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Tribal Governments

A Florida high school will retire its “Chiefs" mascot following an emotional school board meeting over the Native American symbol. An online petition with more than 6,000 signatures sought to keep the mascot. Many graduates of Chamberlain High School told the school board on Tuesday that they believe the mascot conveyed honor and respect. But student leaders and the district's Native American Parent Advisory Council recommended the change after a survey found 58% of students consider the “Chiefs” tradition offensive. The school plans to raise the $50,000 needed to change the school's branding and uniforms, and students will select a new mascot this fall.

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The military says that remains exhumed from a U.S. Army base in Pennsylvania do not belong to the Native American teenager recorded to have been buried there more than a century ago. The Army is disinterring the remains of eight Native American children who died at the government-run Carlisle Indian Industrial School. The Army plans to transfer custody to the children’s closest living relatives. On Saturday, the Army exhumed a grave thought to belong to Wade Ayres of the Catawba Indian Nation of South Carolina. The Army says the remains were not a match. The unidentified remains have been reinterred in the same grave and marked unknown.

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A Native American has been nominated to be U.S. treasurer, a historic first. President Joe Biden's nomination of Marilynn Malerba comes as his administration establishes an Office of Tribal and Native Affairs at the Treasury Department. The treasurer's duties include oversight of the U.S. Mint. The treasurer’s signature appears on U.S. currency. Malerba is the lifetime chief of the Mohegan Indian Tribe, located in Uncasville, Connecticut. Treasury Secretary Janet Yellen says Malerba will help further efforts to "support the development of Tribal economies.” Yellen is set to visit the Rosebud Indian Reservation in South Dakota on Tuesday, the first time a Treasury secretary has visited a tribal nation.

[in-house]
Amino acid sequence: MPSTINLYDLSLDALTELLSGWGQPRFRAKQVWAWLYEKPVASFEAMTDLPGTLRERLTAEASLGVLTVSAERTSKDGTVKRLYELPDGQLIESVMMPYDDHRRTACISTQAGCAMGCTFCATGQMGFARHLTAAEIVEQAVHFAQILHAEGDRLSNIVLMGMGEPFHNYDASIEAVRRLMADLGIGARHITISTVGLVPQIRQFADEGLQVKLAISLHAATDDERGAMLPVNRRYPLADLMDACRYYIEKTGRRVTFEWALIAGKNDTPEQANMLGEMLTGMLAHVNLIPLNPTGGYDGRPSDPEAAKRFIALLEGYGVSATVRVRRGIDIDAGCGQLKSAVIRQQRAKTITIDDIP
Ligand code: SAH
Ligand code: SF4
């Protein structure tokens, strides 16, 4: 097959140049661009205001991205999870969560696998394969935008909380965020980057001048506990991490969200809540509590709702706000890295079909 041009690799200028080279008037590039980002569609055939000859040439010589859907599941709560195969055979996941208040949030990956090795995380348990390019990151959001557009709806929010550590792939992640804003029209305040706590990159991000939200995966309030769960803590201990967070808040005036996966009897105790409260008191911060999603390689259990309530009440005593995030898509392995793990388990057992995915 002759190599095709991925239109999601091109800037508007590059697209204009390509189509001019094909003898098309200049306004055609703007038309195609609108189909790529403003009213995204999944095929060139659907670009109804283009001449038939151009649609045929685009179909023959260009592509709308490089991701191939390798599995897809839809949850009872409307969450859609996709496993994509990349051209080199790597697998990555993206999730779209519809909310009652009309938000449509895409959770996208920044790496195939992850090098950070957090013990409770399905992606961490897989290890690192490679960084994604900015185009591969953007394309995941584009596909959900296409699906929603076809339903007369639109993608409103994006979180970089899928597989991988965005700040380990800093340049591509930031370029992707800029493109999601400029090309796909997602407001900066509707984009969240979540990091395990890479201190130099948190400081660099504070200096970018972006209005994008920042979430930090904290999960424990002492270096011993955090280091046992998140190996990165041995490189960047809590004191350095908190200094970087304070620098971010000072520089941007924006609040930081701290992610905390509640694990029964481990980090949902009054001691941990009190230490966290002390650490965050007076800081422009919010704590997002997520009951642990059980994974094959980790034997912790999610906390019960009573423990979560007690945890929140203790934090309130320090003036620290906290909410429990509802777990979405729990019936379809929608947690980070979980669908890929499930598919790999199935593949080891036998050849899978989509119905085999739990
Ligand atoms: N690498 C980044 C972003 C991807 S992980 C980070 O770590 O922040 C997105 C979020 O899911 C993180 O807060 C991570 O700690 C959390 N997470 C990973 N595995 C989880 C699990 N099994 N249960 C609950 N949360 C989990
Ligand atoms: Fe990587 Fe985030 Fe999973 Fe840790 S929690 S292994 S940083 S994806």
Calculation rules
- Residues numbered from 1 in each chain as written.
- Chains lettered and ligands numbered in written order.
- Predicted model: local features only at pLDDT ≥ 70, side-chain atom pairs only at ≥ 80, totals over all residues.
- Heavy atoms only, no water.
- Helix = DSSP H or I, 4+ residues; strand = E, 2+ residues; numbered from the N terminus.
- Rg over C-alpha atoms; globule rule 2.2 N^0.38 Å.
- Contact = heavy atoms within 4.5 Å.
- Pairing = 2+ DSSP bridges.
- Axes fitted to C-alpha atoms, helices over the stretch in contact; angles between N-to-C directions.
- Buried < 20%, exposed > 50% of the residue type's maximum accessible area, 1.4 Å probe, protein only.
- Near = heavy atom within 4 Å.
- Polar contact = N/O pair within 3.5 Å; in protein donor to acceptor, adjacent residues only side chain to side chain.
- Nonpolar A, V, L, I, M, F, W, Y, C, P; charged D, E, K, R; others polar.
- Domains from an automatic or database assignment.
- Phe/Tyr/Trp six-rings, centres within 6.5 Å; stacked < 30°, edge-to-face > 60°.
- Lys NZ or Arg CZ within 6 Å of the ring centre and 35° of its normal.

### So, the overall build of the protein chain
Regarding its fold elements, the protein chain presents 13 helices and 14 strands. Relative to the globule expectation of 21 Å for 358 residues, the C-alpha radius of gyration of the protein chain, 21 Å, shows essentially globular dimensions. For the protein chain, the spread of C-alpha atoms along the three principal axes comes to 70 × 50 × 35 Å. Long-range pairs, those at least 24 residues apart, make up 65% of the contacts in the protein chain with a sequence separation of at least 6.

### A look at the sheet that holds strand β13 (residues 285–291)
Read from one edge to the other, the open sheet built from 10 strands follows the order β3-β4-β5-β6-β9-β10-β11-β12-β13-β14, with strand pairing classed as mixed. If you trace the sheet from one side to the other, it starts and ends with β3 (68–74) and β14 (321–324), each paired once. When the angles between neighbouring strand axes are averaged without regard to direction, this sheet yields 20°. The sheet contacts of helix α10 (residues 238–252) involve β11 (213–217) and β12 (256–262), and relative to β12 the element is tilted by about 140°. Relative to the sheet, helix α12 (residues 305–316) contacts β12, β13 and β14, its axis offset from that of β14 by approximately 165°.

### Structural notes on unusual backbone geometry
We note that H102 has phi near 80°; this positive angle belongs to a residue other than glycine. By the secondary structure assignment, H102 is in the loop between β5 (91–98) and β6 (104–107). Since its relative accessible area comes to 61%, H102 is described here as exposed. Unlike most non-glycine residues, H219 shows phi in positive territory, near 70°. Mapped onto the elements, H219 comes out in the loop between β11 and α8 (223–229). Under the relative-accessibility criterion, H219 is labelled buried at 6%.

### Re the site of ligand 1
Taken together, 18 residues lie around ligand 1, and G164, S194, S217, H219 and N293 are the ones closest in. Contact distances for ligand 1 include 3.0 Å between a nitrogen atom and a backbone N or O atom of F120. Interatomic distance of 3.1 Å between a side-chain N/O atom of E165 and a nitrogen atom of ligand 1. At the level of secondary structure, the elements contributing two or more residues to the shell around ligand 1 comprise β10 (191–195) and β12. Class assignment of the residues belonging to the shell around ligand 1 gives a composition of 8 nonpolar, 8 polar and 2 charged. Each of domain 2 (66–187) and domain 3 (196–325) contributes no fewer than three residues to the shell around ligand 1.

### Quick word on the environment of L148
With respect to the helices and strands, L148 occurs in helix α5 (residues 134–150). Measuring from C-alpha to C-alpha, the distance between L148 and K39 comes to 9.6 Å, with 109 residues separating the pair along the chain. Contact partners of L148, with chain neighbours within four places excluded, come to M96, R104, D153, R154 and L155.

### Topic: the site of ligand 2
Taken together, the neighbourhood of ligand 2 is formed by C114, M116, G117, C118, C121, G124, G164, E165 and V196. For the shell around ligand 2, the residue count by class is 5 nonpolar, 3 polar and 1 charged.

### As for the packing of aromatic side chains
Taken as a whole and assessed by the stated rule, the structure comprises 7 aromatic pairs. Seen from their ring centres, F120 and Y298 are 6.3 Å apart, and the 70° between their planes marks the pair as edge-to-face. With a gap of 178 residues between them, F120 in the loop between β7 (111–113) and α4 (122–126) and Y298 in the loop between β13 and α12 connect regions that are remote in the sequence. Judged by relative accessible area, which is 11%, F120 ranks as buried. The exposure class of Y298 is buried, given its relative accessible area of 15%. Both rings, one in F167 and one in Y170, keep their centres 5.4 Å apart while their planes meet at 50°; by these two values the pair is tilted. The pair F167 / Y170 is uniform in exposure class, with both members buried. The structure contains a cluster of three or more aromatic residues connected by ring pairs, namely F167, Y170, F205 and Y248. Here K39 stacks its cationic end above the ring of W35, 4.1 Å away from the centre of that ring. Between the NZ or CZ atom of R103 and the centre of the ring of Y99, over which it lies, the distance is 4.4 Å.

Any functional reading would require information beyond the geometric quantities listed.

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Federal officials and tribal nations have formally reestablished a commission to jointly govern the Bears Ears National Monument in Utah. The agreement signed Saturday was previously set forth by the Obama administration in 2016. It marks one of the first times a national monument will be jointly managed by federal agencies and Native American tribes. The agreement was altered to the chagrin of tribal officials when President Donald Trump downsized the monument in 2017. The five nations are the Hopi, Navajo Nation, the Pueblo of Zuni, the Ute Mountain Ute Tribe and the Ute Indian Tribe of the Uintah and Ouray Reservation.

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The Army has started disinterring the remains of eight Native American children who died at a government-run boarding school that operated in Pennsylvania between 1879 and 1918. The disinterment process began over the weekend in a cemetery on the grounds of the U.S. Army War College in Carlisle. Custody of the remains will be transferred to the children’s living family members. It is the fifth such process since 2017. More than 20 sets of Native remains were transferred to family members in earlier rounds. The Carlisle school housed thousands of Native children who were taken from their families and forced to assimilate to white society.